Houdini Live 2005: A Live History of Gluttony and Lust

  • Melvins
  • Ipecac
  • 2006-05-15

Some of us were lucky enought to get to the Koko last Autumn to see the awesome line-up of The Melvins, Deerhoof and Part Chimp performing in the first season of ATPs Dont Look Back gigs. With the second run steadily approaching it is fitting how we are offered example of how the whole DLB concept is a pure joy, not just bringing some near perfect moments in itself but it in sowing the seeds for things such as this — the matter in hand — the new live recording of (possibly) the best album by (possibly) the most influential band of the last two decades. But bearing in mind the fact that live albums are often none too exiting I shall build on those (uncertain) hyperbolic statements and try to point out what might make Houdini Live 2005: A Live History of Gluttony and Lust a worthwhile addition to a record collection.

Firstly, for those unlucky ones out there who never caught the gig (or the Dublin follow-up) — of which there must be more (than lucky) — you get a chance to hear what you missed out on.

Secondly, it’s not just a shitty live recording — this is planned and well-produced, well in fact it started out unplanned, in that the band only decided to make a live record after playing the original shows. But then they set up a speical gig in a warehouse near LA specifically to record and then played the album set twice through in order to get a decent recording, which they did (yes, it sounds better than the Millenium Monsterwork).

Thirdly, it’s not just Houdini straight — the band muck around with the order and the songs, adding in snippets of other material and elongating sections allowing for added tension and distortion.

If you’re a Melvins fan of course you’re going to like this album. And if you’re not a Melvins fan then what’s going on?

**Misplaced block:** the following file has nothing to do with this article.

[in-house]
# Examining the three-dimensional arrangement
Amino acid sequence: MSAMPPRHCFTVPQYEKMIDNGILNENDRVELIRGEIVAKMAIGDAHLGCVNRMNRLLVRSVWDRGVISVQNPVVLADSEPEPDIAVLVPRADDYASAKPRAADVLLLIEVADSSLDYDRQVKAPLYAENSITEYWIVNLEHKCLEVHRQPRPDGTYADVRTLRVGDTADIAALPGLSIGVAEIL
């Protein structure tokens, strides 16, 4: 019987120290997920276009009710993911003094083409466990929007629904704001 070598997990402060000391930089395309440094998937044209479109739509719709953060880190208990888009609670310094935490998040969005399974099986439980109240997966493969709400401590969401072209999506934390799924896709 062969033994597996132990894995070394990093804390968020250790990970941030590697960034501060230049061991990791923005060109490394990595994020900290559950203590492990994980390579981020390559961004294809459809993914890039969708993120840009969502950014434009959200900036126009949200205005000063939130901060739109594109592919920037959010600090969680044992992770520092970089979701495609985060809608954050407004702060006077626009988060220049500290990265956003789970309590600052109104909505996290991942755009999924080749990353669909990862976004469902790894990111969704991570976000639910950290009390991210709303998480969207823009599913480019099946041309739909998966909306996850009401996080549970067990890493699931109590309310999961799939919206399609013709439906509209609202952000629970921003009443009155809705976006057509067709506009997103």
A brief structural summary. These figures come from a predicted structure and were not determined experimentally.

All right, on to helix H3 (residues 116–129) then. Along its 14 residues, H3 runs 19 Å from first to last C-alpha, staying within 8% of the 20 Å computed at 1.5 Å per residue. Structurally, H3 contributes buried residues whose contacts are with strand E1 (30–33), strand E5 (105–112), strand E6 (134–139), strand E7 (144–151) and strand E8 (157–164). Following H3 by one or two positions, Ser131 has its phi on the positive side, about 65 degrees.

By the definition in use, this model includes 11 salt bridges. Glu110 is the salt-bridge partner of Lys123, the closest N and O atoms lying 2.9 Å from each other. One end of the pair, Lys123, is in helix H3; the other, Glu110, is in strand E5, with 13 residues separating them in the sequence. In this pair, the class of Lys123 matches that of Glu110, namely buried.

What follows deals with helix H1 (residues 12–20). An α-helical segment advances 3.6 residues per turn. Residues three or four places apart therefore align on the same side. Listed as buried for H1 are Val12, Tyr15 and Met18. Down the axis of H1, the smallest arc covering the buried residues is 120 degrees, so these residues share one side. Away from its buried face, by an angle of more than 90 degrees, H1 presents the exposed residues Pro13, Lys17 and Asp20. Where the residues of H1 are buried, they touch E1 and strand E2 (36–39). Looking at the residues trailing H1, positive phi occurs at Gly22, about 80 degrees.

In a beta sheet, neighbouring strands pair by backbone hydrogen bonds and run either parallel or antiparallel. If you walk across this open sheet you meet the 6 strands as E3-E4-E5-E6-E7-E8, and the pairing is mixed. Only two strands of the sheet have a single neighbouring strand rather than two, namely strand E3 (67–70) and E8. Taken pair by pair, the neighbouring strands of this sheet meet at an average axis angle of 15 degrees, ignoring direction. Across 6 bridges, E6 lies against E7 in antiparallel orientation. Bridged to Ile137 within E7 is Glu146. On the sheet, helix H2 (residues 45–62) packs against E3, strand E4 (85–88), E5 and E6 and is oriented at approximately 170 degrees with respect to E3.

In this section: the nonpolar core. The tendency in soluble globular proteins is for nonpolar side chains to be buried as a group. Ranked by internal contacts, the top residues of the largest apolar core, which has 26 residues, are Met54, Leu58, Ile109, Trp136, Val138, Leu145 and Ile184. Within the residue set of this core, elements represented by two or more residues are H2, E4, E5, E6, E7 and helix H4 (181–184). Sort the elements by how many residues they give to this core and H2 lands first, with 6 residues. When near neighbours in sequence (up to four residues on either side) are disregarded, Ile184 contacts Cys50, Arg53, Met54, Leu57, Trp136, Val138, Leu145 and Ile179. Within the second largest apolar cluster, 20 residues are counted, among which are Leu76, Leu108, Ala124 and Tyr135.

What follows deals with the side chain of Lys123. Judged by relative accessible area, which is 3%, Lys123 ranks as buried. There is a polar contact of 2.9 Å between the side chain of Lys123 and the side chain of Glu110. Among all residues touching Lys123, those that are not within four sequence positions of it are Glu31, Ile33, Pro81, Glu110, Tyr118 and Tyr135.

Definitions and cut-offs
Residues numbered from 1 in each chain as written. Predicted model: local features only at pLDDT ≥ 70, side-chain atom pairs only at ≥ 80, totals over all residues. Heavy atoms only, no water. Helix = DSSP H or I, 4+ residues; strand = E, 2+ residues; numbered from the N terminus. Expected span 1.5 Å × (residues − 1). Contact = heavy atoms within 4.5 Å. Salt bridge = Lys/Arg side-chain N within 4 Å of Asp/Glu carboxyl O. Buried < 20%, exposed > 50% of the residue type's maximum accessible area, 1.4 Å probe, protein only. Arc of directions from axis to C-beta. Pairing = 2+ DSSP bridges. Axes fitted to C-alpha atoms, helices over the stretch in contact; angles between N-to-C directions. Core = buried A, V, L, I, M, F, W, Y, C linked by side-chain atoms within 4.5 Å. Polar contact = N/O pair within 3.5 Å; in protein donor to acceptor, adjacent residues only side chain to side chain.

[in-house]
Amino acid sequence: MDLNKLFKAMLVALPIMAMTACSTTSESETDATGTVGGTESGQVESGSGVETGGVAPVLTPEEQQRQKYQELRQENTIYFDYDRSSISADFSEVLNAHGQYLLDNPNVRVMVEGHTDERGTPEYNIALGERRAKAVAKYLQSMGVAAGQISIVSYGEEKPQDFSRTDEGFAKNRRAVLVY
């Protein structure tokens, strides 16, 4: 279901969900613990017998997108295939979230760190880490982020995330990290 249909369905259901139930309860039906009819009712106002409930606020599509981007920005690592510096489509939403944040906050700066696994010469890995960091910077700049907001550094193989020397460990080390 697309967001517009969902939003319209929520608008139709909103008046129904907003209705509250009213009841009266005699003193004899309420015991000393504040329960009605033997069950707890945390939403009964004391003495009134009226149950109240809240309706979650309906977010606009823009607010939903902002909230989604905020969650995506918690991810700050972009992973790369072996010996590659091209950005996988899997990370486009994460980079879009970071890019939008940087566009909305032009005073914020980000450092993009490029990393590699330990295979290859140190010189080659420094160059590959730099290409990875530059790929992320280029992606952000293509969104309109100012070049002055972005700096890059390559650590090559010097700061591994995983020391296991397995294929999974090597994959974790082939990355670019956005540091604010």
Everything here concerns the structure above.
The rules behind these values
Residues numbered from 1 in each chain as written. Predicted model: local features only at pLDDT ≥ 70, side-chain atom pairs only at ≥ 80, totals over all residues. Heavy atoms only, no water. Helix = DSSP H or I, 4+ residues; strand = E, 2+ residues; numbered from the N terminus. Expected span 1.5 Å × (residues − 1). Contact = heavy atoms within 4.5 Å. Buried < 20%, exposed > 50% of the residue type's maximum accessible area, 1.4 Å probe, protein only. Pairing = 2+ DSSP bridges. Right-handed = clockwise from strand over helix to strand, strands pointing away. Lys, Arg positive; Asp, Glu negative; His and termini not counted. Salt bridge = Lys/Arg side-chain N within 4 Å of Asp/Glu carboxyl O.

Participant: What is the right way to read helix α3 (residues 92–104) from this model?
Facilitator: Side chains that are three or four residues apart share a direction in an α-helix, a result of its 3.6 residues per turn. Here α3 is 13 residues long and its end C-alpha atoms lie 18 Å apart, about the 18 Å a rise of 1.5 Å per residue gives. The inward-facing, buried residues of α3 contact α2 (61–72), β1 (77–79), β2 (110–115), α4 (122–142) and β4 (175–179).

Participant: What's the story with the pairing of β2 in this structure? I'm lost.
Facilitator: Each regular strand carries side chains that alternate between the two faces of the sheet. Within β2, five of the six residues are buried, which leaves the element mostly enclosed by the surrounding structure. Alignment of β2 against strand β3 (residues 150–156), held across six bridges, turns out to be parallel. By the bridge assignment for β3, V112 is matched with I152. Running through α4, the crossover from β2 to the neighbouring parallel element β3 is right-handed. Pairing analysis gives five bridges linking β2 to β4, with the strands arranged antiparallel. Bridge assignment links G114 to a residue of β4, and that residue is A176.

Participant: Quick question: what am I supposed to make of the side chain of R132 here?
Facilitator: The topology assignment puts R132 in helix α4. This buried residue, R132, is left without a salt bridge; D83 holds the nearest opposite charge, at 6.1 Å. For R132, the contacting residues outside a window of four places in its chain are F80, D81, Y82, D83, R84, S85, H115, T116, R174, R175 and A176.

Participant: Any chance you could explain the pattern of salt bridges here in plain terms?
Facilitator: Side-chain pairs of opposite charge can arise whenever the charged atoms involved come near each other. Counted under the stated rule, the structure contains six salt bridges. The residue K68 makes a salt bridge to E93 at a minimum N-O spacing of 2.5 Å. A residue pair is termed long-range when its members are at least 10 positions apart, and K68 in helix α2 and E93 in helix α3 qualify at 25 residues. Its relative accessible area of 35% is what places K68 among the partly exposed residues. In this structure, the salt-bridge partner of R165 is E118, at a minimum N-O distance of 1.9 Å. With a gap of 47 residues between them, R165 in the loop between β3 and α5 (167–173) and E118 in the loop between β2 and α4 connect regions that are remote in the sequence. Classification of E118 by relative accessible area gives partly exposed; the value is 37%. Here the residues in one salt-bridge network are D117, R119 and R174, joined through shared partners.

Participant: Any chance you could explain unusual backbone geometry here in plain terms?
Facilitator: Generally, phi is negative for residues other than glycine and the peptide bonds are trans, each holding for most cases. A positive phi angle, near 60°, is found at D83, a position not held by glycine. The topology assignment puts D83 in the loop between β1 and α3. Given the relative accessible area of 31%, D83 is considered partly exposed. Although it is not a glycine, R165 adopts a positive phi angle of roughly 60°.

Fourthly, Trevor Dunn. I had no qualms with Kevin Rutmanis, he seemed ok to me, but the band? They must’ve had qualms so he’s gone and who better to have stepped into the fold? Yes, reason number four — Trevor Dunn. (And hey, it even adds more intrigue to the Houdini bass-playing question)

Fifthly, Houdini Live 2005 rhymes.

Sixthly, Houdini was already a mean-rocking record from a huge band, now it sounds even more rock and the Melvins sound even more huge — specifically check out “Goin’ Blind” for this, and “Hooch”, and in fact I could just keep going. It goes fast and punk, it goes heavy and doom, it goes quirky and sludgy and it goes bang and at the end it goes on and on with penetrating percussion as the band are joined once again by…

Seventhly, Lustmord on “Spread Eagle Beagle” — making some noise.

If you are still reading this to decide whether or not to buy the album then you’re probably not going to buy it but i’ll tell you you should anyway because it’s worth it. The Melvins relationship with Ipecac just keeps blossoming and blossoming as the Melvins themselves continue to grow (and indeed regroup) year after year. With more FantomasMelvins Big Band appearances and that Big Business proposition in the air it seems they are far from taking leave, as it should be. Some bands after a couple of decades together are still rocking out the favourites having not written a decent song for years. The Melvins, however, just cant stop writing great albums and so are needed to be requested to play old songs just so that people can guarantee hearing them. If you’re a Melvins fan of course you’re going to like this album. And if you’re not a Melvins fan then what’s going on?

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